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Common dolphins © Christopher Swann

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A dolphin called Arnie with his shell.

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Common dolphins at surface

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Leaping harbour porpoise

The power of harbour porpoise poo

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Holly. Image: Miray Campbell

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Autumnal Sightings at the Scottish Dolphin Centre

We are well and truly into the thick of autumn now here at Spey Bay. The leaves are starting to change colour and fall off the trees. Walking along the River Spey our footsteps are complemented by the sounds of crunching leaves. Fungi has started sprouting up all along the woodland however I am yet to stumble across my favourite type fly agaric otherwise known as the fairy toadstool. The striking red and white colouration will truly stand out against the leaf litter on the woodland floor. However this particular fungi which is found in many children’s stories retains a dark side; hallucinogenic properties.

 

Nevertheless it is not just the impressive structures of the fly agaric that I will be looking out for; some other species are tucked away under branches. One species that springs to mind is called coral spot fungus. I saw this species at the beginning of the year when I first started here at Spey Bay but with fungi season in full swing I hope to start seeing more of the bright orange spots around. Some of these fascinating fungi species are not the easiest to spot but it is just a matter of taking your time and having a good old root around.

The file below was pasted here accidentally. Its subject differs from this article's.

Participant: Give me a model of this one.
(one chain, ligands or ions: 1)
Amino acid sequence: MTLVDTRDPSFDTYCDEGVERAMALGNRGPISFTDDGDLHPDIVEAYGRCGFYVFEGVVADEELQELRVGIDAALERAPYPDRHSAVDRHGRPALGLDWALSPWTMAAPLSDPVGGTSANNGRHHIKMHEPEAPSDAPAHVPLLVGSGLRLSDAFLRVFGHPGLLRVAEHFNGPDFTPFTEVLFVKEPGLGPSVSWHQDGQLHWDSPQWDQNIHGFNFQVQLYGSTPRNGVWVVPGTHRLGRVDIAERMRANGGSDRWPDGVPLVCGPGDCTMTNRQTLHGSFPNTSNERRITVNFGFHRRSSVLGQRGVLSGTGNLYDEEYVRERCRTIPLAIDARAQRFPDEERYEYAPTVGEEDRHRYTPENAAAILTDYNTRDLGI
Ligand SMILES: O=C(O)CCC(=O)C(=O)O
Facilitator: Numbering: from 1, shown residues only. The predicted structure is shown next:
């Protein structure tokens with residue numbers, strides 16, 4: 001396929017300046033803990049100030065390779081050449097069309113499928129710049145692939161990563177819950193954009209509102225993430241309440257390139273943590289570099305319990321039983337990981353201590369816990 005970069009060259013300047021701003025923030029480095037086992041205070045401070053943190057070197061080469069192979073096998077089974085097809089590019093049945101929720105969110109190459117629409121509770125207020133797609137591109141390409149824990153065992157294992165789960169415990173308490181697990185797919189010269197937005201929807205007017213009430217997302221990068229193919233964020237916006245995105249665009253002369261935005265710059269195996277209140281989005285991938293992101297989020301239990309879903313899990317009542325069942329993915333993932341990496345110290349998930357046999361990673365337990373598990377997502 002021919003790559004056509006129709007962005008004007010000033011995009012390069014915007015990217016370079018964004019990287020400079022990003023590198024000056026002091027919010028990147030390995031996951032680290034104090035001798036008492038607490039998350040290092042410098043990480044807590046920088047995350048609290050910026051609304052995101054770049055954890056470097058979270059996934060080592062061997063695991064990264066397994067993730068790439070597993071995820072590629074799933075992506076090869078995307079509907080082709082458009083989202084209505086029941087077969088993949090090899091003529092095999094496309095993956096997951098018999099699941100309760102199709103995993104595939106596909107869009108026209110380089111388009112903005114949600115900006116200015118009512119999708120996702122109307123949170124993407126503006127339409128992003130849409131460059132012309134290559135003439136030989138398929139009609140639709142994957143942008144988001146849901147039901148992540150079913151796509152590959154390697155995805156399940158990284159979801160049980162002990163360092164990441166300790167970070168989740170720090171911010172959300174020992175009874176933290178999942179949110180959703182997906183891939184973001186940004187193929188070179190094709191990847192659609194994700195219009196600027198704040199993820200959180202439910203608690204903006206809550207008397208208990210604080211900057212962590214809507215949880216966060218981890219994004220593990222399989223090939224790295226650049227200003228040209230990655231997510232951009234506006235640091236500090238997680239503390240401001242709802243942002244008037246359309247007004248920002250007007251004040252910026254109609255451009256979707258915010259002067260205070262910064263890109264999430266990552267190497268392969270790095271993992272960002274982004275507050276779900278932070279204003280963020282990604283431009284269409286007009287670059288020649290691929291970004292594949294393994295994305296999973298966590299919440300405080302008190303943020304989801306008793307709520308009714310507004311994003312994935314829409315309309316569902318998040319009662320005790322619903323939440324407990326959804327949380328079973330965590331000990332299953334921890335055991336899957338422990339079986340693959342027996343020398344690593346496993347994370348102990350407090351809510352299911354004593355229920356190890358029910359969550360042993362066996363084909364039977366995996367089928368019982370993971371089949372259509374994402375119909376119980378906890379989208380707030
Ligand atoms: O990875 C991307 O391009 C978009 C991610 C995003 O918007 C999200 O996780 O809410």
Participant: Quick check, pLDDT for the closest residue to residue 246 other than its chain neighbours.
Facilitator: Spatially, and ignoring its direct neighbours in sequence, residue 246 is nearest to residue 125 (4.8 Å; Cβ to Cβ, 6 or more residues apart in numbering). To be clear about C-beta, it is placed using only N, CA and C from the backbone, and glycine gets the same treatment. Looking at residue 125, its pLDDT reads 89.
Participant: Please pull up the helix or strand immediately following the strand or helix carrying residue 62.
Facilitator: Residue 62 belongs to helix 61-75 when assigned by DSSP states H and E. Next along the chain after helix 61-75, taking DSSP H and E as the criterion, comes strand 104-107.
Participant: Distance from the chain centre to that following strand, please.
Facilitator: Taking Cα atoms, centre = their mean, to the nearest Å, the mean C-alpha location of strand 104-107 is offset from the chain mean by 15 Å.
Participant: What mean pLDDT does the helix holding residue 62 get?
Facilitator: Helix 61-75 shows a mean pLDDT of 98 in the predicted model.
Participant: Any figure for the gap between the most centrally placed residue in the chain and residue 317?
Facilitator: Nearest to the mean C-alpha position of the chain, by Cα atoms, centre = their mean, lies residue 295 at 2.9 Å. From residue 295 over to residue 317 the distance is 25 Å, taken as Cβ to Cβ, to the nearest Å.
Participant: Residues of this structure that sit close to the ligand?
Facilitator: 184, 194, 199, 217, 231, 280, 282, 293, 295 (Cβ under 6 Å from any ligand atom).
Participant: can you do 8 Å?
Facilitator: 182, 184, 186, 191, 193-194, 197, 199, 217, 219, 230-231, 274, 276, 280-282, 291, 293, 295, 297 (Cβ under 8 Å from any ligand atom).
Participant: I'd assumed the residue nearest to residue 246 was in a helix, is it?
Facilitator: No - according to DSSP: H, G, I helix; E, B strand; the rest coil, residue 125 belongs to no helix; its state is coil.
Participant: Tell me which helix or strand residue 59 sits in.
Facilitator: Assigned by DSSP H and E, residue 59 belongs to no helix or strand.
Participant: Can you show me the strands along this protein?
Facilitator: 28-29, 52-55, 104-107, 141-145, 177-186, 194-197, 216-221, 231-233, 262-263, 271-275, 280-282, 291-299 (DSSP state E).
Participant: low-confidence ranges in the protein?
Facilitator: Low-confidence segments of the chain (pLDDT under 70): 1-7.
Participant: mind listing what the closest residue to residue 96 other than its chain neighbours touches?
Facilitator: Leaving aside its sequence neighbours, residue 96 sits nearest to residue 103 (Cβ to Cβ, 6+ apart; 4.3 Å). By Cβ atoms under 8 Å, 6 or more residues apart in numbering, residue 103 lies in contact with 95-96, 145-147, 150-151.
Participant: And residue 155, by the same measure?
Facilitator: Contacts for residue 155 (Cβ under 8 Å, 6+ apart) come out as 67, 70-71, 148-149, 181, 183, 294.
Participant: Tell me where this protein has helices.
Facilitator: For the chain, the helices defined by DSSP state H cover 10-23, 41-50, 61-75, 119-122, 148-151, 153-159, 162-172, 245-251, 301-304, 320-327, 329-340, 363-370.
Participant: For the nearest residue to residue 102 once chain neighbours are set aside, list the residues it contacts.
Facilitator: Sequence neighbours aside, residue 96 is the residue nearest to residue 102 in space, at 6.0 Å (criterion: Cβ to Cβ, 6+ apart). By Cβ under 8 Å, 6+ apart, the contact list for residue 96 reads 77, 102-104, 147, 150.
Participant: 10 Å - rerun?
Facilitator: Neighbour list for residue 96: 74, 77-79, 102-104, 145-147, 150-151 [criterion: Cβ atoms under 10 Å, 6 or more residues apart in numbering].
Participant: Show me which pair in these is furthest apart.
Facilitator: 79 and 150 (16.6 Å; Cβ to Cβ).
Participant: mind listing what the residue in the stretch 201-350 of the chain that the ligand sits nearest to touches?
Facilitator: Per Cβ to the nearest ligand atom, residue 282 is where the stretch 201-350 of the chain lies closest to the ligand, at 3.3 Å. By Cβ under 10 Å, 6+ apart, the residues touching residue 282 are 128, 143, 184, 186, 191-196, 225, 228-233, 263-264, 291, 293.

We are still pretty active here at Spey Bay dolphin-wise with a few pods being spotted almost every day! There have been a few cheeky harbour seals popping their heads up in the river as well this week seeing if they can catch themselves a tasty treat. The estuary is buzzing with bird life from redshanks, oystercatchers, goosanders and curlews. Three barnacle geese briefly stopped over a Spey Bay this week too. This species can be typically seen around Scotland from October to March as they migrate to Britain and Ireland to escape the even harsher winters of Greenland. Folklore depicted that because these adult geese arrived with no sign of nesting or goslings, they were said to either grow on trees or developed from the goose barnacles found on driftwood. One of our local volunteers and resident bird expert also spotted a sabine’s gull which is also known as a fork-tailed gull and is an artic species; making it a very cool spot here at Spey Bay. The robins have begun singing their hearts out to their autumn song. Robins can actually be heard singing all year round expect for a brief period during late summer when they begin to moult.  Pink footed geese have today begun to arrive at Spey Bay and if you look to the skies you can see them in their typical V-shaped formation flying over the estuary in large flocks.

 

The birds are calling, fungi are sprouting and even some of the plants are producing some last minute flowers; autumn has truly reawakened all the wildlife here at Spey Bay. Spey Bay is bustling with so many different sounds and colours making it an even more enchanting place to visit. So why not come across and pay us a visit and see what breath-taking encounters you will stumble across.

About George Berry

George is a member of WDC's Communications team and website coordinator.